Hodgson appreciates coming home to Haliburton following NHL season 0
Buffalo Sabres centre Cody Hodgson, right, took time to play some ball hockey with boys participating in the Kids4Kids Ball Hockey Tournament at the Todd's Independant in Haliburton on Saturday, June 9. Hodgson gave out autographed photos of himself, signed assorted items for fans and posed for photos. DARREN LUM/HALIBURTON ECHO/QMI AGENCY
After a year of ups and downs, Buffalo Sabres centre Cody Hodgson is finding time to relax after coming home to visit family in Haliburton.
Hodgson, who met with fans, signed autographs and gave out photos at the third annual Kids4Kids Ball Hockey Tournament at Todd's Independent grocery store on Saturday, June 9, spoke about his future in light of a mid-season trade from Vancouver to Buffalo.
"I'm in a good situation now in Buffalo. It seems like good people so I'm happy to be there . being around a good organization that cares about you and cares about you as a person," he said.
"I've talked to assistant coaches in the off-season. I've gone to Buffalo once [already] and talked to trainers . it just seemed they cared about you as a person."
There's little regret for the young NHLer.
He is excited to be part of a young and dynamic team that came up just shy of earning a berth to the playoffs.
Hodgson said there are pros and cons to both cities, much of it related to the time difference and to family and friends.
"I enjoyed it in Vancouver. I enjoyed playing there. They have great fans," he said.
In Buffalo, he said, there is a passion for hockey too.
Although Hodgson will miss friends he made in Vancouver, he is glad to be closer to his best friend, who attends school in the same state.
For his No. 1 fan it's a definite advantage; playing on the east coast enables his grandmother to see his games in their entirety.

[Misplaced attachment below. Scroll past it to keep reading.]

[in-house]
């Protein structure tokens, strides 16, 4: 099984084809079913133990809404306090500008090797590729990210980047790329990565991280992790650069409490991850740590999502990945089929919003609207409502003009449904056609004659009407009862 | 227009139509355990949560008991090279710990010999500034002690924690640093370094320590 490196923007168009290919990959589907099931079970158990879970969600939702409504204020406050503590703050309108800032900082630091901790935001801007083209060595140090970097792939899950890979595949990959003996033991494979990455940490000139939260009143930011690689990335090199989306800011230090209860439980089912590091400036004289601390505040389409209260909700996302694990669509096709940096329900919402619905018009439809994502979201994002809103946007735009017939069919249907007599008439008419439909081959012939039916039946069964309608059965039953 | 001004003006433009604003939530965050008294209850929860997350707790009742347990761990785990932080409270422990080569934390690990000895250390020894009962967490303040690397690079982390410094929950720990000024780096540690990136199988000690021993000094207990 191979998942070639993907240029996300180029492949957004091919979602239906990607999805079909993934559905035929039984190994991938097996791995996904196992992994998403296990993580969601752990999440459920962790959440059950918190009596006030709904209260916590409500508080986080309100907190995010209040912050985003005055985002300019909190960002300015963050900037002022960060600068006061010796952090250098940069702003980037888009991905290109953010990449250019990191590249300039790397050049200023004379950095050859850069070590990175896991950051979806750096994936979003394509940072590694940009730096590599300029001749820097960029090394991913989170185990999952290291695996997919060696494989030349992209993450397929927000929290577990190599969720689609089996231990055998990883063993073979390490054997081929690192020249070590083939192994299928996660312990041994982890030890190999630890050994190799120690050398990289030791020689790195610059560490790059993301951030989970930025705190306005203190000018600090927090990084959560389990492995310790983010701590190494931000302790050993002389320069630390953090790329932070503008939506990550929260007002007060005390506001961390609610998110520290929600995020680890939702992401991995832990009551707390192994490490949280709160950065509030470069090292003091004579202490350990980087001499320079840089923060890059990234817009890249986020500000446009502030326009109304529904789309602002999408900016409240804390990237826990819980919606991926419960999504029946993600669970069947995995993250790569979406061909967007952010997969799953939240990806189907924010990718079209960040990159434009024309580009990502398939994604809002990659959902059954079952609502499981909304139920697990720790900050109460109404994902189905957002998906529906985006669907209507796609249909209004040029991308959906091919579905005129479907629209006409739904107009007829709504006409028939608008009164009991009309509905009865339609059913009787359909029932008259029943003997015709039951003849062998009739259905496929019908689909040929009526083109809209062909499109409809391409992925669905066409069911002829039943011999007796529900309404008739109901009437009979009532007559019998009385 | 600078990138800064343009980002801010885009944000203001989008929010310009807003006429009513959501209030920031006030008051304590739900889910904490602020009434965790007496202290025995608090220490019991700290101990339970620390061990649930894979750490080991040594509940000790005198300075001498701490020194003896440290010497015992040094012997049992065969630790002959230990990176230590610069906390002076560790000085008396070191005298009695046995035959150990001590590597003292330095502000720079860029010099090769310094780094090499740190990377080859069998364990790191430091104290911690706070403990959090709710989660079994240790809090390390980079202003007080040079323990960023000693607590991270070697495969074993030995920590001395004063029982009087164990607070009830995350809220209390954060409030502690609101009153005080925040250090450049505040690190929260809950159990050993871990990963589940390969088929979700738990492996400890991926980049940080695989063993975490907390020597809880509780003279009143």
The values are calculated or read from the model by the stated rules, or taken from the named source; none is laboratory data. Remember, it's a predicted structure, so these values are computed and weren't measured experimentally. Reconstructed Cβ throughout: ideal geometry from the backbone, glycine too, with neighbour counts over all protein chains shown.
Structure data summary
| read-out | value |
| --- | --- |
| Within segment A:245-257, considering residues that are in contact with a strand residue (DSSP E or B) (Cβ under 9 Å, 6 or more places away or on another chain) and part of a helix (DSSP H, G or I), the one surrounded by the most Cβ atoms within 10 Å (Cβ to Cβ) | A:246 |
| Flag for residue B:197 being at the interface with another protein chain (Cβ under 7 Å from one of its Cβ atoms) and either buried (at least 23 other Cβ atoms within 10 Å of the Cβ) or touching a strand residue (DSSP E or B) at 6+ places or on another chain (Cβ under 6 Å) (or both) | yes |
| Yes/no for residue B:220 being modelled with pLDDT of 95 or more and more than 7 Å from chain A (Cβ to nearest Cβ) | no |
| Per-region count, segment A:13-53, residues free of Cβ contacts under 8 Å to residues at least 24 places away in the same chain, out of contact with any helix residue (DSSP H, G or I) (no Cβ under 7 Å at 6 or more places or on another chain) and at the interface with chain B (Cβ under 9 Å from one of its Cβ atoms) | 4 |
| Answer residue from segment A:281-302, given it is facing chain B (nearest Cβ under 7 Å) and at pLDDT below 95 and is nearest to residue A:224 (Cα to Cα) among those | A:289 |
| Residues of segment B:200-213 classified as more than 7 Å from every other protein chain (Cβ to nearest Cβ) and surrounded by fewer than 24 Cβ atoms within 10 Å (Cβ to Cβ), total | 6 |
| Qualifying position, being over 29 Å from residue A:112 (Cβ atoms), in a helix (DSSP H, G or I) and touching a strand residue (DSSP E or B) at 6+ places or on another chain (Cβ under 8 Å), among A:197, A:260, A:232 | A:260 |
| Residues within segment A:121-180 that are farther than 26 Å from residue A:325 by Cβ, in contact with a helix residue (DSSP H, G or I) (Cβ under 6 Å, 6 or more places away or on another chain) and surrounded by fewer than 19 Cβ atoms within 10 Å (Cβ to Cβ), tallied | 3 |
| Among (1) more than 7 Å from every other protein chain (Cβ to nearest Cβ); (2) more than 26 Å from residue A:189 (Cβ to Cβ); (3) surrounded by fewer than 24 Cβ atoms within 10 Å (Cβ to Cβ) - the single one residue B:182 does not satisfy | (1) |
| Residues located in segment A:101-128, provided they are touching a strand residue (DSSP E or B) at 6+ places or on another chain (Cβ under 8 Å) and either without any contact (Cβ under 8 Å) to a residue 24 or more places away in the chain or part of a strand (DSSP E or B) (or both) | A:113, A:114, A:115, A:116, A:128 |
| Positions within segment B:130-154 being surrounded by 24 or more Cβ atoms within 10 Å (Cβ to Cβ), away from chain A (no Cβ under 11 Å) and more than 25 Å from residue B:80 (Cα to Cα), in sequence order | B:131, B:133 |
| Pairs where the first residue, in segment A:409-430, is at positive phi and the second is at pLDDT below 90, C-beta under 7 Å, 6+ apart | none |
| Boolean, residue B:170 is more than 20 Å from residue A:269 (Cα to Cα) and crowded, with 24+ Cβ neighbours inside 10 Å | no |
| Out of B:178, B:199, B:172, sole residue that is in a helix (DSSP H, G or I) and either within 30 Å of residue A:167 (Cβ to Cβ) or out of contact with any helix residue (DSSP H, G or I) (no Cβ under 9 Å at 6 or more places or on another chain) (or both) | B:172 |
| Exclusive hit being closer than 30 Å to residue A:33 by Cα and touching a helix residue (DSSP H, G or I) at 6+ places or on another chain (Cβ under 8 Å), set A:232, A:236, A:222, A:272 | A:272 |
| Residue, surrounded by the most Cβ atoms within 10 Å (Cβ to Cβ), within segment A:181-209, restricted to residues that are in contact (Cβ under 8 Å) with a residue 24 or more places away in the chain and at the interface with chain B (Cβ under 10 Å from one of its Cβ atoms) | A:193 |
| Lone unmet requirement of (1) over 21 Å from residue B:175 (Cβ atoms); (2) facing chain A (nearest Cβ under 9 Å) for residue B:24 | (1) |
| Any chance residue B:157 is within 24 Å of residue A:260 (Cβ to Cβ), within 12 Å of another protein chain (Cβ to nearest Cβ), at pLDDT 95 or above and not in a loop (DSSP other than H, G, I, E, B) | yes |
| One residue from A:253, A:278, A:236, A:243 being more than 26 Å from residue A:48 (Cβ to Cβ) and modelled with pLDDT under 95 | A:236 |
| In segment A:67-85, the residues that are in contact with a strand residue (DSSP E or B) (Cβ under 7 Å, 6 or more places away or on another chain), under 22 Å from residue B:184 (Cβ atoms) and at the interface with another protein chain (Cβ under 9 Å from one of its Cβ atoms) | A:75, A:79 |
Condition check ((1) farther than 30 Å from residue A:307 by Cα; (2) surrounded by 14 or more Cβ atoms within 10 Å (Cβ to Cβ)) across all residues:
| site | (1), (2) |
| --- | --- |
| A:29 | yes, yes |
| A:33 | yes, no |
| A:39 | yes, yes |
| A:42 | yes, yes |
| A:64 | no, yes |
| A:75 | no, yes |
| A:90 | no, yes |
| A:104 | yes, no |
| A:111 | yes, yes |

She used to take afternoon naps due to the three-hour time difference.
While there's a ball hockey court at his family's Haliburton cottage, Hodgson mainly uses his time up here to get away from everything, reading in the hammock and getting out on the water in a boat.
His family cottage lies just outside the mobile phone coverage area and he wouldn't have it any other way.
"I try to get up [here] as much as possible. My family is up here. Both sides [of my family's] grandmothers are here in the summer. My grandpa lives in Carnarvon," he said. "It's a good feeling to come back to a familiar place. To know everybody supports and cares about you it's a good feeling to be back in town. Haliburton has given me a lot of support over the years. I really appreciate that. I love being up here."
Hodgson smiles when asked about being the guest of the ball hockey tournament.
"I love ball hockey. It's one of my favourite things to do. I grew up playing ball hockey," he said. Hodgson and Colorado Avalanche centre, Matt Duchene, constantly played ball hockey together in Haliburton.
Hodgson is honoured that his likeness will be added to the side of the Dysart Arena, joining Duchene alongside retired NHL players Bernie Nicholls and Ron Stackhouse.
As far as the controversy about his move from the Canucks to the Sabres and unfavourable comments made by former general manager Mike Gillis, Hodgson's looking to a new future and a full season with Buffalo.
"I've moved on. Hopefully everyone else can too," he said.